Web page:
• Gaming and Tech

Netflix’s 'Arcane' is Excellent – but it isn’t a Video Game Adaptation

by Ask Vestergaard


Image courtesy of Netflix Media Centre.



League of Legends is a game where two teams of five players take control of a vast panoply of characters so that they can attempt to ceaselessly butcher one another. It is a game in which these teams run down three lanes, knocking over defensive fortifications in a bid to demolish the opposition’s ‘Nexus’ (basically a goal, if a goal was a big glowing rock that you had to punch a bunch). It is a game where hordes of terminally-online teenagers call you ‘cyka blyat’ a lot. That’s a massive simplification – but it’s also pretty much exactly what it is.


Arcane is a television show about two cities: a bastion of enlightenment and the slum it looms over. It is a show about two sisters, separated by circumstance and desperate to hold each other in their arms again. It is a show about two men, whose friendship blooms in the joys of scientific invention and rots in illness and pride. Yes, the intro credits are literally sung by Imagine Dragons, and yes, that is pretty cringey (and also yes, that damn song has been stuck in my head for the past week), but once you get past that you get a surprisingly excellent science-fantasy with a wonderfully voiced cast of compelling characters and a plot that is… actually really good. And to top that off, Arcane is one of the single most immaculate and stunningly gorgeous pieces of animated media that has ever been made. It is terrifyingly pretty.


Have we finally gotten a good video game adaptation? Are we done living lives cursed by that dystopian Super Mario Bros. movie from 1993 where everyone walks around in leather jackets and fishnet tights? Need we no longer scratch our heads in bafflement over the fact that Paul W. S. Anderson has made six – six!Resident Evil movies? Has Netflix cracked the code and successfully transferred an interactive property to a non-interactive medium, while maintaining the core of its source material?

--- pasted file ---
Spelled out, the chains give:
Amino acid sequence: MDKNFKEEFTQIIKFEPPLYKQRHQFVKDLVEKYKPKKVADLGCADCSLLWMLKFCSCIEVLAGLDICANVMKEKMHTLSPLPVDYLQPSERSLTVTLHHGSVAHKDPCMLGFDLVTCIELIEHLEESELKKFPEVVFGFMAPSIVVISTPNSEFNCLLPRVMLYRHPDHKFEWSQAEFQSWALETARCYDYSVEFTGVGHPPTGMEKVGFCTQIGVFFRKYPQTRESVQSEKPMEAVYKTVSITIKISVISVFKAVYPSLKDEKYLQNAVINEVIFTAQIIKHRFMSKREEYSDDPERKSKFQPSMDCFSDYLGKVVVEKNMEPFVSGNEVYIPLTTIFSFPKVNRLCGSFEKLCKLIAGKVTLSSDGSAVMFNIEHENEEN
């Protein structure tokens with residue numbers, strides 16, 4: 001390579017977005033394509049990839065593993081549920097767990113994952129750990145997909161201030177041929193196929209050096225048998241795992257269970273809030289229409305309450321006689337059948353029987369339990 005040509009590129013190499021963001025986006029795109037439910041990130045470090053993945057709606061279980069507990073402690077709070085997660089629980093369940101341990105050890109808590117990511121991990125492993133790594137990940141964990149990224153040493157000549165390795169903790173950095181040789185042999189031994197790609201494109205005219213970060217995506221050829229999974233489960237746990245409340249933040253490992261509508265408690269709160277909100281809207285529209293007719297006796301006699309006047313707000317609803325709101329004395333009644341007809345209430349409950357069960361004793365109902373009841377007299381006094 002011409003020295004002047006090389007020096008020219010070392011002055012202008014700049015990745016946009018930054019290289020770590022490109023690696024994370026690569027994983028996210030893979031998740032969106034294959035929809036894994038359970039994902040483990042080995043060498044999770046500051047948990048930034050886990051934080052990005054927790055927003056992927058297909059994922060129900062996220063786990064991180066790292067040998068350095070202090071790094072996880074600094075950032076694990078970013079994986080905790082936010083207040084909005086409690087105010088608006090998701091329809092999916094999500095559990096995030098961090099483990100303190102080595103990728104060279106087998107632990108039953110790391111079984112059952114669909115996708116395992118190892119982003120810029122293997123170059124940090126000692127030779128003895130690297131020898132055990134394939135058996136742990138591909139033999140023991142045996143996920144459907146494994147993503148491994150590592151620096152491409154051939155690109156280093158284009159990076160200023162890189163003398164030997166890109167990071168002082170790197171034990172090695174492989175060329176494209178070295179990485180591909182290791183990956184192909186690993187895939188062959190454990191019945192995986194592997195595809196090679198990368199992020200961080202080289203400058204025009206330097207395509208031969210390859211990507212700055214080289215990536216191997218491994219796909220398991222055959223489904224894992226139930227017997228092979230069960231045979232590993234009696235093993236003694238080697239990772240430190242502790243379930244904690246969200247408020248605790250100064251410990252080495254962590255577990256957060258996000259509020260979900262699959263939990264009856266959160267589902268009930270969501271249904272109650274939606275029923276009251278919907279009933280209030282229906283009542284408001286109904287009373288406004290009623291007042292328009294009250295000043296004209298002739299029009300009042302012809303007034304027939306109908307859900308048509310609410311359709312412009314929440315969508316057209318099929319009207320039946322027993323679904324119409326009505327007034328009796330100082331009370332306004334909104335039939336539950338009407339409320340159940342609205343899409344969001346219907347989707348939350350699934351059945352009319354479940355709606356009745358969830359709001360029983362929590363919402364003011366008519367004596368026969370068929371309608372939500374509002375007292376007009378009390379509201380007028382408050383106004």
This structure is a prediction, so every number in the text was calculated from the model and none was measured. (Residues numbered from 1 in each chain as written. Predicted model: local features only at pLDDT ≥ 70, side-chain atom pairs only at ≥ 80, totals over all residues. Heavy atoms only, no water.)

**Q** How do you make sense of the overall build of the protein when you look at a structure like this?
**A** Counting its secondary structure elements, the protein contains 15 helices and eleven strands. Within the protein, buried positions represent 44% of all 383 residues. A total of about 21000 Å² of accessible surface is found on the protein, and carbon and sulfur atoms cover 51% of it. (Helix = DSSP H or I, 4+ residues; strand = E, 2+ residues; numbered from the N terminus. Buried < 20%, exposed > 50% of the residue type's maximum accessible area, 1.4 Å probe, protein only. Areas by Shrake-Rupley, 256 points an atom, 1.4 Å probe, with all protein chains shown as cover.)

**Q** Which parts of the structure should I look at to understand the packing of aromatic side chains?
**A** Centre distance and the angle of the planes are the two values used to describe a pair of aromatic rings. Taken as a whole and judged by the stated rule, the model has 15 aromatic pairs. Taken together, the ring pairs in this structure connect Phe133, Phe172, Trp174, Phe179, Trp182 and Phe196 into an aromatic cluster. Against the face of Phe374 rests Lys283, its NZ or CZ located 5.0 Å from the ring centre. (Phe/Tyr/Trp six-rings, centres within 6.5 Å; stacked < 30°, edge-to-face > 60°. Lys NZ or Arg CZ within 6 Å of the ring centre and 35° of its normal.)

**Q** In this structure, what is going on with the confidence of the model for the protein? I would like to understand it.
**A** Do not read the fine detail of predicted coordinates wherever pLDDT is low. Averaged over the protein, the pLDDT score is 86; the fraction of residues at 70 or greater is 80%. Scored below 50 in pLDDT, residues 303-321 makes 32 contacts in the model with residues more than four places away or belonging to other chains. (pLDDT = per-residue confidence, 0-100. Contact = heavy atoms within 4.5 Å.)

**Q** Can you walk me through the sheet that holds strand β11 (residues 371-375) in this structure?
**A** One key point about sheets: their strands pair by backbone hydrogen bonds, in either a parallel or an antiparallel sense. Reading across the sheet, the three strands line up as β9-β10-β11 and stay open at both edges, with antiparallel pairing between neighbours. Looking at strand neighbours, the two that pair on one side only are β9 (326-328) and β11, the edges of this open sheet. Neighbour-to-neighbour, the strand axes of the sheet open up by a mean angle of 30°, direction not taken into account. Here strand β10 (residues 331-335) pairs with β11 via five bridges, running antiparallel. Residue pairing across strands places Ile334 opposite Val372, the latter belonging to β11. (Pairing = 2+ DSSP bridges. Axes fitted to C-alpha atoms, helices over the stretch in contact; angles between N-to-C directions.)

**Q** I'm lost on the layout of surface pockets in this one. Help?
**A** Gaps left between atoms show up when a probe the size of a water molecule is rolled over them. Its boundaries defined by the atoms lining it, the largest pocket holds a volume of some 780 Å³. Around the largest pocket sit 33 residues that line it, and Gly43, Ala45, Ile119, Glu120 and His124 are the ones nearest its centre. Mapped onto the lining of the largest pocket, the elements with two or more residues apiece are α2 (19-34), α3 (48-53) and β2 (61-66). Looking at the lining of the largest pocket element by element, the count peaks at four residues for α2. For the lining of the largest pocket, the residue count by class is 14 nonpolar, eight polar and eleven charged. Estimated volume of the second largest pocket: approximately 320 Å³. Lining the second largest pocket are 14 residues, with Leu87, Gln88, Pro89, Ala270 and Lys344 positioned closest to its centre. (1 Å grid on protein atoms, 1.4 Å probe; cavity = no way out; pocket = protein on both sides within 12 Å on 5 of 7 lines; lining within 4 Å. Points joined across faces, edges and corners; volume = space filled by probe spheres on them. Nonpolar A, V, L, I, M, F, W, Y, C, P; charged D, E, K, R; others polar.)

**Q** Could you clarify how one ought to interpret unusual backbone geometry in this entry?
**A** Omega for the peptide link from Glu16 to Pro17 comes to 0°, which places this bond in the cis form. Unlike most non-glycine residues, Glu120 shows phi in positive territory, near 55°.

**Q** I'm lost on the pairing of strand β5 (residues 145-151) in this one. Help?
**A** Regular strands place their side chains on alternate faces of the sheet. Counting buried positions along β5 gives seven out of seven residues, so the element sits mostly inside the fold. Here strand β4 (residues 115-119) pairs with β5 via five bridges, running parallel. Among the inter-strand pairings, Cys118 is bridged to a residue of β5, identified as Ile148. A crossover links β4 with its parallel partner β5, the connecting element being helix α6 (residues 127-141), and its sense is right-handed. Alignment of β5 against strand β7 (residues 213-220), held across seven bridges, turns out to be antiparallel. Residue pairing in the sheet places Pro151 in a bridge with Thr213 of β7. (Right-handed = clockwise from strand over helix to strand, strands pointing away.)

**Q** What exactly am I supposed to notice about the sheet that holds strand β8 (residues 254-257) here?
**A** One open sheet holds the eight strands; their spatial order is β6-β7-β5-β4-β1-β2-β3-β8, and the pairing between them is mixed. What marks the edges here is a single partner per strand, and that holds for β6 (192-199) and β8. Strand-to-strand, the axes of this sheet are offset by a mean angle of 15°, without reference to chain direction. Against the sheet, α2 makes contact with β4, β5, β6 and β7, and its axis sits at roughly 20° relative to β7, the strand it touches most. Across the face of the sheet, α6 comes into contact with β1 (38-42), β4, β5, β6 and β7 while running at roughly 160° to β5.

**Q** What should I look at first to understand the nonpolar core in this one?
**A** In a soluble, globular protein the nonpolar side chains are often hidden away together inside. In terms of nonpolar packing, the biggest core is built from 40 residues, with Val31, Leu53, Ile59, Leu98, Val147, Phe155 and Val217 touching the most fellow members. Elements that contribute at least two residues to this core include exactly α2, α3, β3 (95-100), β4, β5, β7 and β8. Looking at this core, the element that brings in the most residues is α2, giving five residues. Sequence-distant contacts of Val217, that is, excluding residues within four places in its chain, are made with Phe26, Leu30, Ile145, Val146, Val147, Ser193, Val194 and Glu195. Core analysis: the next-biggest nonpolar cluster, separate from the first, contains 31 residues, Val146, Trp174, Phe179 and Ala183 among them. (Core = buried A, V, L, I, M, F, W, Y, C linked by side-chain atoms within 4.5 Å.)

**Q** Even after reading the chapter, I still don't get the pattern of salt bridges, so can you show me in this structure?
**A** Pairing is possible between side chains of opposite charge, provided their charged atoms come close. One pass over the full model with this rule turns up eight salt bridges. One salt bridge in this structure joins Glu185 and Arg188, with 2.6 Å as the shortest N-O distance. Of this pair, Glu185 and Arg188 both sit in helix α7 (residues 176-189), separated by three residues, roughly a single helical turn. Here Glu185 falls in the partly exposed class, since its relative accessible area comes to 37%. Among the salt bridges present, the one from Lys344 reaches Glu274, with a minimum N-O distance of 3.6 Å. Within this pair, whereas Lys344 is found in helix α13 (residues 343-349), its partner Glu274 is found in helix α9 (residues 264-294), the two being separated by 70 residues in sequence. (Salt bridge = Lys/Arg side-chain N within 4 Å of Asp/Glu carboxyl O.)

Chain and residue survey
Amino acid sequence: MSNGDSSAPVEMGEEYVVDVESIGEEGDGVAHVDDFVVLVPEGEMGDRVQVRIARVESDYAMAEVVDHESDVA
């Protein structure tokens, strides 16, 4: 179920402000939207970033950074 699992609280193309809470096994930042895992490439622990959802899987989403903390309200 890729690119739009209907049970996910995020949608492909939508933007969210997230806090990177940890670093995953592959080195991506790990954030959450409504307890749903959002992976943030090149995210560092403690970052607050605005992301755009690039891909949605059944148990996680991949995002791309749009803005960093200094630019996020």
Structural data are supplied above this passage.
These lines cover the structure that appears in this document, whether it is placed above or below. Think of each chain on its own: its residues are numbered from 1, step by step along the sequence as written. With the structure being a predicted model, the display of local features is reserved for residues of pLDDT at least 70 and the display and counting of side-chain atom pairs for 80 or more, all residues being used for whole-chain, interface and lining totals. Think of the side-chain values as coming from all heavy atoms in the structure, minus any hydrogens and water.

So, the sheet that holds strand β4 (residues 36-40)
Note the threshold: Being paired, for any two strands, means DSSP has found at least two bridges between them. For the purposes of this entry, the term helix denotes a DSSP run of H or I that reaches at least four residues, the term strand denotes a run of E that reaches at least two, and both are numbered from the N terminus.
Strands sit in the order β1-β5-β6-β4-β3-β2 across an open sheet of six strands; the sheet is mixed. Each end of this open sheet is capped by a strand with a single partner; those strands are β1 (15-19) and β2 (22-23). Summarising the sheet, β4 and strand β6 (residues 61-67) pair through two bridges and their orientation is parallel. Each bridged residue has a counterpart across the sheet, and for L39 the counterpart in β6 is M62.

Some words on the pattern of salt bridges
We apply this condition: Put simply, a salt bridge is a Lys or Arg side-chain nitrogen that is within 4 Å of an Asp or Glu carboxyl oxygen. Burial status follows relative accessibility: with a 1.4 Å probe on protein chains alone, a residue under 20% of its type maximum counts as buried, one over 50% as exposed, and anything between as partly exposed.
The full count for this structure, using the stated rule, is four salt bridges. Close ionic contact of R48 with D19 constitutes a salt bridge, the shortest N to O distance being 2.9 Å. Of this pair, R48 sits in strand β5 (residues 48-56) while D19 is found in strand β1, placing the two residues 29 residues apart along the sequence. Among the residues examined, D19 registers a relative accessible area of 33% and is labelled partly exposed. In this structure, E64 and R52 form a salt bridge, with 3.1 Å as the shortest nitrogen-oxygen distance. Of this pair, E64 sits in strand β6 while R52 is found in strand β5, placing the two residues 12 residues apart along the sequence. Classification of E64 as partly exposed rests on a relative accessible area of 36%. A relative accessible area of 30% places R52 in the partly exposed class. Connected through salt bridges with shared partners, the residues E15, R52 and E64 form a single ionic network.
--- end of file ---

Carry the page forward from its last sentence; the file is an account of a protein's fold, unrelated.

Not quite. For Arcane is, despite its quality, arguably not a video game adaptation at all.


That’s certainly an odd assertion – after all, the show stars a large cast of playable characters from League of Legends and is absolutely drenched in loving references to the game. But, aside from that, it has nothing to do with it. Arcane doesn’t adapt the gameplay of League of Legends for television. It doesn’t take interactive mechanics and make them untouchable, zipping past at 24 frames per second. There is no teamwork of five versus five, no lanes, no towers, no crystal goals to be punched, no pubescent cyberbullies typing misspelled Russian abuse. League of Legends is about people defined by abilities and catchphrases, pitted against one another in an elaborate arena. Arcane is about people who love and laugh and grieve and beat the shit out of each other with mechanical gloves.